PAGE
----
It's that time of year to plan some fun activities for your Holiday week at home, or your Vacation week ✈️ on the road!
- Instead of a 1,000 piece puzzle, try StickTogether! StickTogether is SO easy and relaxing, it invites casual conversation.
- Need to occupy the kids? StickTogether keeps them busy for hours at a time.
- Or, looking for an activity that includes ALL generations? StickTogether is THE intergenerational activity that keeps everyone engaged.
- Looking for an alternative to screen time for family members? StickTogether keeps them off their devices and working together as a group.
- Start a new 12 Days of Christmas tradition! Just add 333 stickers every day to complete the image on the 12th day - that's just 5 minutes of 'stickering' for 5 people per day
- Cold weather ❄️ keeping a large group inside? StickTogether to the rescue!
Order any image from our Holiday Collection before 12/18
and receive 10% off using HOLIDAY10 Promo code.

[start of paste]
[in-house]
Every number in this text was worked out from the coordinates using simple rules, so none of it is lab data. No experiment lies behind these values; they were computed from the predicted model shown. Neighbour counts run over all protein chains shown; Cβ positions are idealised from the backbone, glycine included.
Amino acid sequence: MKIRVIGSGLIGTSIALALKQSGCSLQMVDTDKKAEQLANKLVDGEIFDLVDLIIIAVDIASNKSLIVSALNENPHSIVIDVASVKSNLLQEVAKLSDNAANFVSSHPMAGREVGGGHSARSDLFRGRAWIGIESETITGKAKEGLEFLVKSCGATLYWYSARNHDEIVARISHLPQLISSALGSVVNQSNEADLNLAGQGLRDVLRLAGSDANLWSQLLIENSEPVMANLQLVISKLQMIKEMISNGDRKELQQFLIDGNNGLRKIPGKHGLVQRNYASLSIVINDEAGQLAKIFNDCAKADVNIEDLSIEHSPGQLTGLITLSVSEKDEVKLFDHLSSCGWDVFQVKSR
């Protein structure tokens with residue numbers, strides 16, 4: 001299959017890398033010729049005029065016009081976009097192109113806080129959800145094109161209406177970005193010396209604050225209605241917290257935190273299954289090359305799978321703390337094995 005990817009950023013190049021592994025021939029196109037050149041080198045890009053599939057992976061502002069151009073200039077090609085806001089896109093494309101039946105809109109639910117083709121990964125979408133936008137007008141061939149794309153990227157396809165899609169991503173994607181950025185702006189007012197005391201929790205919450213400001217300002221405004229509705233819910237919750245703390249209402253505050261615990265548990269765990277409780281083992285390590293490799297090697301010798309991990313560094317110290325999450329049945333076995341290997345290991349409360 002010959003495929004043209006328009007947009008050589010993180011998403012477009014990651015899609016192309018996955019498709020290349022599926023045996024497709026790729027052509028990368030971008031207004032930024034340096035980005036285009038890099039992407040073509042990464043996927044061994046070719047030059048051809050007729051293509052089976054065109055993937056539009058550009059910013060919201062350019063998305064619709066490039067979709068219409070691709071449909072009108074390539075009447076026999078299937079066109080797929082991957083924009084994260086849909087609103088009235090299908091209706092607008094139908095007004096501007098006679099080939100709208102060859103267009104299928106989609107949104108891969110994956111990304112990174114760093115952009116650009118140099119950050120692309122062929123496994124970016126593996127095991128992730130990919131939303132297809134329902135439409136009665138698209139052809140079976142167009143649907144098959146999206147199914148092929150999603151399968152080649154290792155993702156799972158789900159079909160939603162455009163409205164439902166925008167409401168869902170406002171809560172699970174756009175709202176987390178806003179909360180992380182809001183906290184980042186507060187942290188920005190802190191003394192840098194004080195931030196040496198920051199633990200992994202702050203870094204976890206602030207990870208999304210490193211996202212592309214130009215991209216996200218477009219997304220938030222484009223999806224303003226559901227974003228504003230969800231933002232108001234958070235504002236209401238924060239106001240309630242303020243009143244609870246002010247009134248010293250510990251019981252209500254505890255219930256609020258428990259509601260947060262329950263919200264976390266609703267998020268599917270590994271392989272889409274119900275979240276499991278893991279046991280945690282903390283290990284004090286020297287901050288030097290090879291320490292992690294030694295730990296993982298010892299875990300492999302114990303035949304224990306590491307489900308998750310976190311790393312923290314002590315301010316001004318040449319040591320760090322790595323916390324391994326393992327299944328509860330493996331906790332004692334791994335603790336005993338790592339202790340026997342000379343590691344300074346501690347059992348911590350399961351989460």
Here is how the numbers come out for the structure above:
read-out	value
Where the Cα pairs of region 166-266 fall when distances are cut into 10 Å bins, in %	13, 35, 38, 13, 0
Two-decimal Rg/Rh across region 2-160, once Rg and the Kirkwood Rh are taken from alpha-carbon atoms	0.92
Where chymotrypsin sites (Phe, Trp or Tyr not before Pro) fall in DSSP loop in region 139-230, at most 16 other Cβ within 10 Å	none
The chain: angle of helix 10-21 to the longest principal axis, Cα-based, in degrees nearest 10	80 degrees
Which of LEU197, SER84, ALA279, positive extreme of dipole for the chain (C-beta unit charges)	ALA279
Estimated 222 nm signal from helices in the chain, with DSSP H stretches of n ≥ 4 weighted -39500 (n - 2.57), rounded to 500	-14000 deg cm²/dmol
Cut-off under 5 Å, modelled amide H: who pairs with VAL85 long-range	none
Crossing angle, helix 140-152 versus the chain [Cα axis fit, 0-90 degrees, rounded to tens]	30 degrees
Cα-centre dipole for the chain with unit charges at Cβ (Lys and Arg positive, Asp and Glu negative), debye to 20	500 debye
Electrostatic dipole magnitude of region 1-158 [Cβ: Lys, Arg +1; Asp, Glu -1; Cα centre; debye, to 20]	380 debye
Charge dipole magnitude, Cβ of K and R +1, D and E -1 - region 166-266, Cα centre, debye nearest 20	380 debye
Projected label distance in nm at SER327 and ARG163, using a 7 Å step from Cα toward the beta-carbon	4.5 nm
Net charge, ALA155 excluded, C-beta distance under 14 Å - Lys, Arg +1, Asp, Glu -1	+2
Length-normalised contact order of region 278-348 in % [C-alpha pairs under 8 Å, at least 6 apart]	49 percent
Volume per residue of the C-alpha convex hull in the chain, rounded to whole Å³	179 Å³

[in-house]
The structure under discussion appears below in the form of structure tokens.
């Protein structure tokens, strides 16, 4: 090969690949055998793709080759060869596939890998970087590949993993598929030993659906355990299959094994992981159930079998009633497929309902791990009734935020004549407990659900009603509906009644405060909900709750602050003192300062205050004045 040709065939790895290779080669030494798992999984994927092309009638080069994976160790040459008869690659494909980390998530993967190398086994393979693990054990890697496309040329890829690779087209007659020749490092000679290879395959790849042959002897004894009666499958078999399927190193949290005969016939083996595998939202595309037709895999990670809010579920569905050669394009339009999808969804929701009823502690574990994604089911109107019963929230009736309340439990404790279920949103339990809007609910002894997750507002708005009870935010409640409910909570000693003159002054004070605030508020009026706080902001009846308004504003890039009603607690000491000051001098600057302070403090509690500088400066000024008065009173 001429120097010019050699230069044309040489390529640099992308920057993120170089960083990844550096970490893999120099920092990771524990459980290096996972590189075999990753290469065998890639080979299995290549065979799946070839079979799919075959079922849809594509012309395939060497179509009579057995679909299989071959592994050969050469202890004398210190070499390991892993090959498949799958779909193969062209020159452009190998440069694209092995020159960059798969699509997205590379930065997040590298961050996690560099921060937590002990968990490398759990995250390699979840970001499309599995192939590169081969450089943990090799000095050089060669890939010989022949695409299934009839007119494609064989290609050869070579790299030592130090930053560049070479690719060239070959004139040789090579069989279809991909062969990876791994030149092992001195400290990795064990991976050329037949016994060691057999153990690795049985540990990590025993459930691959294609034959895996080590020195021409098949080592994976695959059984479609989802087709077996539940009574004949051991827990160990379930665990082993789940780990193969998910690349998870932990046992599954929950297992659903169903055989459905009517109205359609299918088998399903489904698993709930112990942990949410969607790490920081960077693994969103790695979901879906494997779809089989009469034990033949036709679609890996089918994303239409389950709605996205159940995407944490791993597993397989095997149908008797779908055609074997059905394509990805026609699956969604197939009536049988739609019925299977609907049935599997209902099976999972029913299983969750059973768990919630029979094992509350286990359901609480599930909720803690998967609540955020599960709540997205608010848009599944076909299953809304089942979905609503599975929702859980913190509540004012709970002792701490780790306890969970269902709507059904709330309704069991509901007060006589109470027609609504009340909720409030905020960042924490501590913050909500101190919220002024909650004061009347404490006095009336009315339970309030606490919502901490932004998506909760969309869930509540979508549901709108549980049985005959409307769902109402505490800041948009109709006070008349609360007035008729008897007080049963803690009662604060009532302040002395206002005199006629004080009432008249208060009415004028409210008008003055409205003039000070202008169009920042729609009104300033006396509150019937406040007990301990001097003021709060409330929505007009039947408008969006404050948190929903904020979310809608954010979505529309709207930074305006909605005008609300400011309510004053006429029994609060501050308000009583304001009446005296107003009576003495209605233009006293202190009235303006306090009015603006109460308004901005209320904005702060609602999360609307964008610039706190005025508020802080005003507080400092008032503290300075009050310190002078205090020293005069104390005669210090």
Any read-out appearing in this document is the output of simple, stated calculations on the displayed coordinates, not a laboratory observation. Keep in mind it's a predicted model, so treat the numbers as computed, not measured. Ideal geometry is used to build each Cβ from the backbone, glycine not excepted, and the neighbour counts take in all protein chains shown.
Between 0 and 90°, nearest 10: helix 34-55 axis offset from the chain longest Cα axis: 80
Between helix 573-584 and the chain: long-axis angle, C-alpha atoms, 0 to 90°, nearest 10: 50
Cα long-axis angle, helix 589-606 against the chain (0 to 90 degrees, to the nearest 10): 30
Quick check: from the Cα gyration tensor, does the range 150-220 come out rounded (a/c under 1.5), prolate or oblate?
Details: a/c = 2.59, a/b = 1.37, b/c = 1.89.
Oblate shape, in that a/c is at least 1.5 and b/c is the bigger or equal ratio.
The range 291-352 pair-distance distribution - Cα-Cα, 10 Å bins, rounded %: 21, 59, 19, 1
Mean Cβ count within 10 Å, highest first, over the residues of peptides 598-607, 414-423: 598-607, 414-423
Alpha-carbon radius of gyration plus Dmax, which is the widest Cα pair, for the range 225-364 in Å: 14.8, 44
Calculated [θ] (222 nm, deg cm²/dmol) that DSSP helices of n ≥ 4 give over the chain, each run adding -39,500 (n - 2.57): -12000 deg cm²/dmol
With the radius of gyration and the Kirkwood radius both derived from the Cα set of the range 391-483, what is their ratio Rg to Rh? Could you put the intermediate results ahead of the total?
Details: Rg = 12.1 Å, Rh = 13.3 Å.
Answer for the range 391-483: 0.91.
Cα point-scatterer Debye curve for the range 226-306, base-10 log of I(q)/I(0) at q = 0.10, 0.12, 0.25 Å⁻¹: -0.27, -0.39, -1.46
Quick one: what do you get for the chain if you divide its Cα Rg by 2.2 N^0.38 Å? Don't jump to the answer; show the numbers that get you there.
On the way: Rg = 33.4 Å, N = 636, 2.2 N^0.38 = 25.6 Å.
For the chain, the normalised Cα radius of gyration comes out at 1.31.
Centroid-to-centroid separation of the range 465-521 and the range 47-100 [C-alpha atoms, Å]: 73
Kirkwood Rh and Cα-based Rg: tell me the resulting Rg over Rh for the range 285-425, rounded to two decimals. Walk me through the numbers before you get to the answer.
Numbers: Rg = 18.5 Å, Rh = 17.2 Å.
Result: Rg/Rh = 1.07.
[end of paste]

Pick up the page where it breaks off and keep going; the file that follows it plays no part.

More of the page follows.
Our friends from Nova Scotia shared this moving post with us. Veterans joined with students for a Remembrance Day Ceremony. During the Ceremony, the Veterans and military guests were invited to place the final stickers on their Peace StickTogether image. What a wonderful and memorable way to celebrate this important day, and to pass its meaning from one generation to the next!
The Javits Center was teeming over the weekend with thousands of families checking out the newest toys and products for the Holidays. StickTogether had a continuous crowd of families working on Tiger and The Scream. There was LOTS of interest in StickTogether as a fun, inclusive, family activity for the upcoming Holidays (Thanksgiving and Xmas). "It's like a puzzle without the stress... and in the end you have a beautiful work of art!" A good time was had by all!
We love this amazing exhibit using circle stickers! 750,000 stickers were randomly added by visitors to a stark, white, furnished space in a piece entitled The Obliteration Room by Yayoi Kusama which was recently at the Hirshhorn Museum in Washington, DC. It was part of the exhibit: Infinity Mirrors which spanned 5 decades of the artists' Immersive Installations.